Queueing strategy: fifo <---------- FIFO is the member link queue
Output queue: 0/40 (size/max)
5 minute input rate 0 bits/sec, 0 packets/sec
5 minute output rate 0 bits/sec, 0 packets/sec
75 packets input, 16472 bytes, 0 no buffer
Received 0 broadcasts, 0 runts, 0 giants, 0 throttles
0 input errors, 0 CRC, 0 frame, 0 overrun, 0 ignored, 0 abort
86 packets output, 16601 bytes, 0 underruns
0 output errors, 0 collisions, 0 interface resets
0 output buffer failures, 0 output buffers swapped out
0 carrier transitions

Second for the MLPPP bundle itself:

R1#show interfaces virtual-access 3
Virtual-Access3 is up, line protocol is up
Hardware is Virtual Access interface
Interface is unnumbered. Using address of Loopback0 (177.1.101.1)
MTU 1500 bytes, BW 384 Kbit, DLY 100000 usec,
reliability 255/255, txload 1/255, rxload 1/255
Encapsulation PPP, LCP Open, multilink Open
Open: IPCP
MLP Bundle vaccess, cloned from Virtual-Template1 <---------- MLP Bundle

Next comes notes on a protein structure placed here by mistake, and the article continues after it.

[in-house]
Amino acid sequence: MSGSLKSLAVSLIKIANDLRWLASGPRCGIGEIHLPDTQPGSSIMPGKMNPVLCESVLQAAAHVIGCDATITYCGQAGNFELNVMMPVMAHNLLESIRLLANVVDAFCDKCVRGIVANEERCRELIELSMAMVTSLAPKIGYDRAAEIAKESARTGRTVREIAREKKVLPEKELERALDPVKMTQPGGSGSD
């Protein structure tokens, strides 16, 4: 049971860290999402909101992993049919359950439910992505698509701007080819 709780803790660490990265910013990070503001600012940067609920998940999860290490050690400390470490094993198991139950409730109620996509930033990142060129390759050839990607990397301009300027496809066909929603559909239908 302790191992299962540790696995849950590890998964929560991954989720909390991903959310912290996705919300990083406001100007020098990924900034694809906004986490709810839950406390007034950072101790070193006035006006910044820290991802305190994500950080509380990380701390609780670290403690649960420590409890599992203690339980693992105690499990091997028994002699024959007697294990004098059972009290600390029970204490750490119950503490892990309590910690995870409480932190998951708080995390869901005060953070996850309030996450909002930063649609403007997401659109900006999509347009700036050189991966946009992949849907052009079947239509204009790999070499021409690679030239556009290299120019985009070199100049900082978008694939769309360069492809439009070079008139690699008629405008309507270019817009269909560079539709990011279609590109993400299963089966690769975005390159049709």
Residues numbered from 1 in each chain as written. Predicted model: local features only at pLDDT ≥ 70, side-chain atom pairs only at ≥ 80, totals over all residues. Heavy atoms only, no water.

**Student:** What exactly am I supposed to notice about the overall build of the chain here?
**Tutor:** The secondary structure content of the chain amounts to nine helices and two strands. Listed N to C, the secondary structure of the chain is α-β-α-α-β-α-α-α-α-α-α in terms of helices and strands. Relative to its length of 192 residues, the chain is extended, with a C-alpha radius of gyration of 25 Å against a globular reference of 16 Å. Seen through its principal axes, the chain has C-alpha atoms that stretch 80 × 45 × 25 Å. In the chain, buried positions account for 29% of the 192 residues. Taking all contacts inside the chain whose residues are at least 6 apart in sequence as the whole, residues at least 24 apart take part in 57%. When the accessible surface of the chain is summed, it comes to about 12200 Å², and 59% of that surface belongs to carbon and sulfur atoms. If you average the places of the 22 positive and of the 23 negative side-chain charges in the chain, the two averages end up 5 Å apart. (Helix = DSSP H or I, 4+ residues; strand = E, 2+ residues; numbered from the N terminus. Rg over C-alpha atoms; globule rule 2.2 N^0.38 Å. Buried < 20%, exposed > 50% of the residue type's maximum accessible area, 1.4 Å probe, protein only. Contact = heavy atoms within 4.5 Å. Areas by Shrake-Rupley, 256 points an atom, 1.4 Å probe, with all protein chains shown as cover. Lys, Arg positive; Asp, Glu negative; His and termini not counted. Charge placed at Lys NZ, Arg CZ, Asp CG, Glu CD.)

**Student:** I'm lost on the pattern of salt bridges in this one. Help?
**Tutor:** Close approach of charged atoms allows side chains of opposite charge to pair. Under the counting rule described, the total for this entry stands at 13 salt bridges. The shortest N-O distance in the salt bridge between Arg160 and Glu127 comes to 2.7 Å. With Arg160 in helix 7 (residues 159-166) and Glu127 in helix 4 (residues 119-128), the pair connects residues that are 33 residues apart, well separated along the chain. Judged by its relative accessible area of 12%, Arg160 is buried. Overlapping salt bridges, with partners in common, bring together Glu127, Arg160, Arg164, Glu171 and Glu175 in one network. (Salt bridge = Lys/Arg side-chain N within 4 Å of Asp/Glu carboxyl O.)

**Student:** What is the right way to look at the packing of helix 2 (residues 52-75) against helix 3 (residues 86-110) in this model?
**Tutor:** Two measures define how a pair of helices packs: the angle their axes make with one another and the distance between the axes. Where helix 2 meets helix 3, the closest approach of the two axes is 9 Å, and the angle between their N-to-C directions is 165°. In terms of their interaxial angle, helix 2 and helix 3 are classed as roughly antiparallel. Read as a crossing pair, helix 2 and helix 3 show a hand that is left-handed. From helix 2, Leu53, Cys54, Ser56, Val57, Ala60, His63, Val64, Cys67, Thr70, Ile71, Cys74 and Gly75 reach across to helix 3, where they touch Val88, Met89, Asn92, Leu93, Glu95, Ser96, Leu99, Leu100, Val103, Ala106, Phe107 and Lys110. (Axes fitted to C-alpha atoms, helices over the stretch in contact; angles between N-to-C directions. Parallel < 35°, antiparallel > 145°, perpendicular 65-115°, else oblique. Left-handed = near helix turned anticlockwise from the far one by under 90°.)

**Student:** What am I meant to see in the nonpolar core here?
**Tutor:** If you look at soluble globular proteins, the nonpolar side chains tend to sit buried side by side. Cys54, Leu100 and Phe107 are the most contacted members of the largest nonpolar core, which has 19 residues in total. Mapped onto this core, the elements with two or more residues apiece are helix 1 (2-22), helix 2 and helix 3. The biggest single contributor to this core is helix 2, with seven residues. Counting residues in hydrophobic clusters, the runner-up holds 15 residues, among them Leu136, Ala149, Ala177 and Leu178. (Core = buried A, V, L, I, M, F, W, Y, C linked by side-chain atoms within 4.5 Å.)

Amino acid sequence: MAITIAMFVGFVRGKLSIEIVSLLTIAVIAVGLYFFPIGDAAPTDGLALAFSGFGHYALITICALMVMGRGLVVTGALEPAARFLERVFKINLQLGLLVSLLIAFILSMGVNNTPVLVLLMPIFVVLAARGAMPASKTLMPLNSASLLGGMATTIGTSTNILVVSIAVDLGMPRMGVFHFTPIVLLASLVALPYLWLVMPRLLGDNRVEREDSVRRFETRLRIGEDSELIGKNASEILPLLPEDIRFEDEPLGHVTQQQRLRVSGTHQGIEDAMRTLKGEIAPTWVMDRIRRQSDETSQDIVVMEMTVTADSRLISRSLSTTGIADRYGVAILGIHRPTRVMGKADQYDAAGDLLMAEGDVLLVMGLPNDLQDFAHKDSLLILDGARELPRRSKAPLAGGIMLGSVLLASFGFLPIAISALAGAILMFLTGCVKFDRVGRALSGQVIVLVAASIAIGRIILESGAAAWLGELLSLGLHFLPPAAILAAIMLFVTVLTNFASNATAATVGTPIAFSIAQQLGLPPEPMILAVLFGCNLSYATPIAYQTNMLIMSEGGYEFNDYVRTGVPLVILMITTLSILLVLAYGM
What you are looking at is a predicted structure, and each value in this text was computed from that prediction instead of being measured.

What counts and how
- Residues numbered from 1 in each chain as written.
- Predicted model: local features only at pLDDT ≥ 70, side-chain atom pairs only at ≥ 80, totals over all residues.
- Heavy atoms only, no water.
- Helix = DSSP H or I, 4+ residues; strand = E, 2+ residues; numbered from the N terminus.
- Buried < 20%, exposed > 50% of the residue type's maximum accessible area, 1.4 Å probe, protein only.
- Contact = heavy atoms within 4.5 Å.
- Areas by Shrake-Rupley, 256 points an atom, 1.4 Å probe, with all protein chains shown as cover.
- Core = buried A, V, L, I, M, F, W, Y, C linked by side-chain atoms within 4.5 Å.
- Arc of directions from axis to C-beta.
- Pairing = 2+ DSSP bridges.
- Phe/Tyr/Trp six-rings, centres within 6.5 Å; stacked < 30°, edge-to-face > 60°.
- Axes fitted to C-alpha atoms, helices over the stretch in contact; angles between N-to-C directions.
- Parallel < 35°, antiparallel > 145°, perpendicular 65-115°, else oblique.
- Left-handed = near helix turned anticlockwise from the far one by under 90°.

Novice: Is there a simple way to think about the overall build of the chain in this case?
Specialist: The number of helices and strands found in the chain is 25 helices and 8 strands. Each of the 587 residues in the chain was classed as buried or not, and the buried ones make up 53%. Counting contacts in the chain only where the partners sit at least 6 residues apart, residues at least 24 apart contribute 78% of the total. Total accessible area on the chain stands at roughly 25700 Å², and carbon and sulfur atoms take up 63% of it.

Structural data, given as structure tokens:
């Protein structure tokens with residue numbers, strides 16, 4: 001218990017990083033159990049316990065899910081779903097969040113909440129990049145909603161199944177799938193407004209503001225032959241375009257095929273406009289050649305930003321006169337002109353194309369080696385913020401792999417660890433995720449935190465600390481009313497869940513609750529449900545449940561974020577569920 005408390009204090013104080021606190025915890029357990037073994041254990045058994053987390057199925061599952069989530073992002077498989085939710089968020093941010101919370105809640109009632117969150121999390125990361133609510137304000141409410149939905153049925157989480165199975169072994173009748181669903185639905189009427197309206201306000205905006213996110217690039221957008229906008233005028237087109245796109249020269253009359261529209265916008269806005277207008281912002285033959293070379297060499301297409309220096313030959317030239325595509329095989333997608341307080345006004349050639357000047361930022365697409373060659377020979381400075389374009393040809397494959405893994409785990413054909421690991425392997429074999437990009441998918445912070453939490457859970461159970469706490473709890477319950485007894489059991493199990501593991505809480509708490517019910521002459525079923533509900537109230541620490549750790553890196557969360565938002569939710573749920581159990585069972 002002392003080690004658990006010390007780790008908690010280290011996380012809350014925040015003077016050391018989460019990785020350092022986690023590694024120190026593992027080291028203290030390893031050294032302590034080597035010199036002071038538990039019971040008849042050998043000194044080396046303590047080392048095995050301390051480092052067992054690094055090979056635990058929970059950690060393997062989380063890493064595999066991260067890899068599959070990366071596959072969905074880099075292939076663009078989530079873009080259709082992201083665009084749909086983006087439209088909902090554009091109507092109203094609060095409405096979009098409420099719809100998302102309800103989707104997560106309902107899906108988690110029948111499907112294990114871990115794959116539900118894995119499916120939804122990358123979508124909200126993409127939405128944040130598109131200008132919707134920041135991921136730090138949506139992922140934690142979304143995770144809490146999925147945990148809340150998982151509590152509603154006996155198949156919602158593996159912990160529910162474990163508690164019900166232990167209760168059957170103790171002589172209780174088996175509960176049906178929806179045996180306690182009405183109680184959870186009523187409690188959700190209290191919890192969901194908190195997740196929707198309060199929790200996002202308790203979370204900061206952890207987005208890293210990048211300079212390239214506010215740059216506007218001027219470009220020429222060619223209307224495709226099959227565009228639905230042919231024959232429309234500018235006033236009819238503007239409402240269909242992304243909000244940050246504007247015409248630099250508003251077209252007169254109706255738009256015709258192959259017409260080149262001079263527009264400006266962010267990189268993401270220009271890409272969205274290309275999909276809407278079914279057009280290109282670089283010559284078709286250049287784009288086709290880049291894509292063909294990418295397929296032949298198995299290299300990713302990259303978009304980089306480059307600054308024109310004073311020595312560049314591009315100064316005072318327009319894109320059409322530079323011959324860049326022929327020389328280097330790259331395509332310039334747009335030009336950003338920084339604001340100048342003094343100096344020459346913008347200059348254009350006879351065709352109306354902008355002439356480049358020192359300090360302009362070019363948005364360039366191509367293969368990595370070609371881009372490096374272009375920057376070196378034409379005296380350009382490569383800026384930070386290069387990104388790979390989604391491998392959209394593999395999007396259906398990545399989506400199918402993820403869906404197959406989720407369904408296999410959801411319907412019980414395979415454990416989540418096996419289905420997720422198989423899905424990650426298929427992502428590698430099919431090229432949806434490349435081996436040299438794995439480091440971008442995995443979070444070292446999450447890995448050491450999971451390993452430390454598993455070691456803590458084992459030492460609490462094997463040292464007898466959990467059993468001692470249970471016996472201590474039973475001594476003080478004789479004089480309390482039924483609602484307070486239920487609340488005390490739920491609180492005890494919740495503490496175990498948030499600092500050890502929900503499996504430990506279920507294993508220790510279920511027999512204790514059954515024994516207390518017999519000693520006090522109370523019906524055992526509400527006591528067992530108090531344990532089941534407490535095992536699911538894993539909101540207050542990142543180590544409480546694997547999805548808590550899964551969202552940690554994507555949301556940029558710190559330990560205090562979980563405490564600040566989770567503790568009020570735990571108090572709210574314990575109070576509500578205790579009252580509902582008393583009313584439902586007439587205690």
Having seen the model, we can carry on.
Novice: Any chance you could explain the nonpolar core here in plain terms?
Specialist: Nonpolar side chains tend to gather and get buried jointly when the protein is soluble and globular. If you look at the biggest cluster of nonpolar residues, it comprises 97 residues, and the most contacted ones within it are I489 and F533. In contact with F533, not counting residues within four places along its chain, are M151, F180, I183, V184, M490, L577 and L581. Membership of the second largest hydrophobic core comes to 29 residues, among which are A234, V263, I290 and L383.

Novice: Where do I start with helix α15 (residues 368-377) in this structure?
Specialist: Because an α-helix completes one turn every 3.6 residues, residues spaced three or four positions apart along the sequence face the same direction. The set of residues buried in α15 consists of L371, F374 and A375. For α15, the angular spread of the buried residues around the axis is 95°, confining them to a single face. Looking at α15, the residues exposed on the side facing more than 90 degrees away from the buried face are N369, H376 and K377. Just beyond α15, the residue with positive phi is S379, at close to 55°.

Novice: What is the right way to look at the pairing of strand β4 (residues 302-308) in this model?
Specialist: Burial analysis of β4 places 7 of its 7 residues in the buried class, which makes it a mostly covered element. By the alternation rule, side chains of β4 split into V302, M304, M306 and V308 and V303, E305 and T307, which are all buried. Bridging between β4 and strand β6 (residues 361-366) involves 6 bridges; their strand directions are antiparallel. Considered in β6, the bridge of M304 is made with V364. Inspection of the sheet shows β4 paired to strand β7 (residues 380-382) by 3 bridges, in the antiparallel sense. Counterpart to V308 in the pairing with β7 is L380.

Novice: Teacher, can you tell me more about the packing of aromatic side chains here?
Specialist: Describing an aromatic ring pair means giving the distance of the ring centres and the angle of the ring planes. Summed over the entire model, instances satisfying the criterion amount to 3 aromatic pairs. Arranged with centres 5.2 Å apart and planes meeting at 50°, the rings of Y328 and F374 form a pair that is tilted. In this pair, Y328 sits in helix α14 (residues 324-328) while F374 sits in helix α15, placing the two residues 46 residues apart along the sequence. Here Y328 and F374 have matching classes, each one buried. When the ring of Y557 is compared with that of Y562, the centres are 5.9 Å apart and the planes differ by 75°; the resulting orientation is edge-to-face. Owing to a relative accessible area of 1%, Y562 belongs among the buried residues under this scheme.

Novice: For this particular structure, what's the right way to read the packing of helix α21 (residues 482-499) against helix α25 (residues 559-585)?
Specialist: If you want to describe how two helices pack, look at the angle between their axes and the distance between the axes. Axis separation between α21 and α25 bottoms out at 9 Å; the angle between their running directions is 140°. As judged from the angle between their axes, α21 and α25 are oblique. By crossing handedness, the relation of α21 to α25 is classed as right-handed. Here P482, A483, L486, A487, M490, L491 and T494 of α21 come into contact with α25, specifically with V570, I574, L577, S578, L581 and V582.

Vaccess status 0x40, loopback not set
Keepalive set (10 sec)
DTR is pulsed for 5 seconds on reset
Last input 00:01:29, output never, output hang never
Last clearing of "show interface" counters 00:03:40
Input queue: 0/75/0/0 (size/max/drops/flushes); Total output drops: 0
Queueing strategy: Class-based queueing <--------- CBWFQ is the bundle queue
Output queue: 0/1000/64/0 (size/max total/threshold/drops)
Conversations 0/1/128 (active/max active/max total)
Reserved Conversations 1/1 (allocated/max allocated)
Available Bandwidth 232 kilobits/sec
5 minute input rate 0 bits/sec, 0 packets/sec
5 minute output rate 0 bits/sec, 0 packets/sec
17 packets input, 15588 bytes, 0 no buffer
Received 0 broadcasts, 0 runts, 0 giants, 0 throttles
0 input errors, 0 CRC, 0 frame, 0 overrun, 0 ignored, 0 abort
17 packets output, 15924 bytes, 0 underruns
0 output errors, 0 collisions, 0 interface resets
0 output buffer failures, 0 output buffers swapped out
0 carrier transitions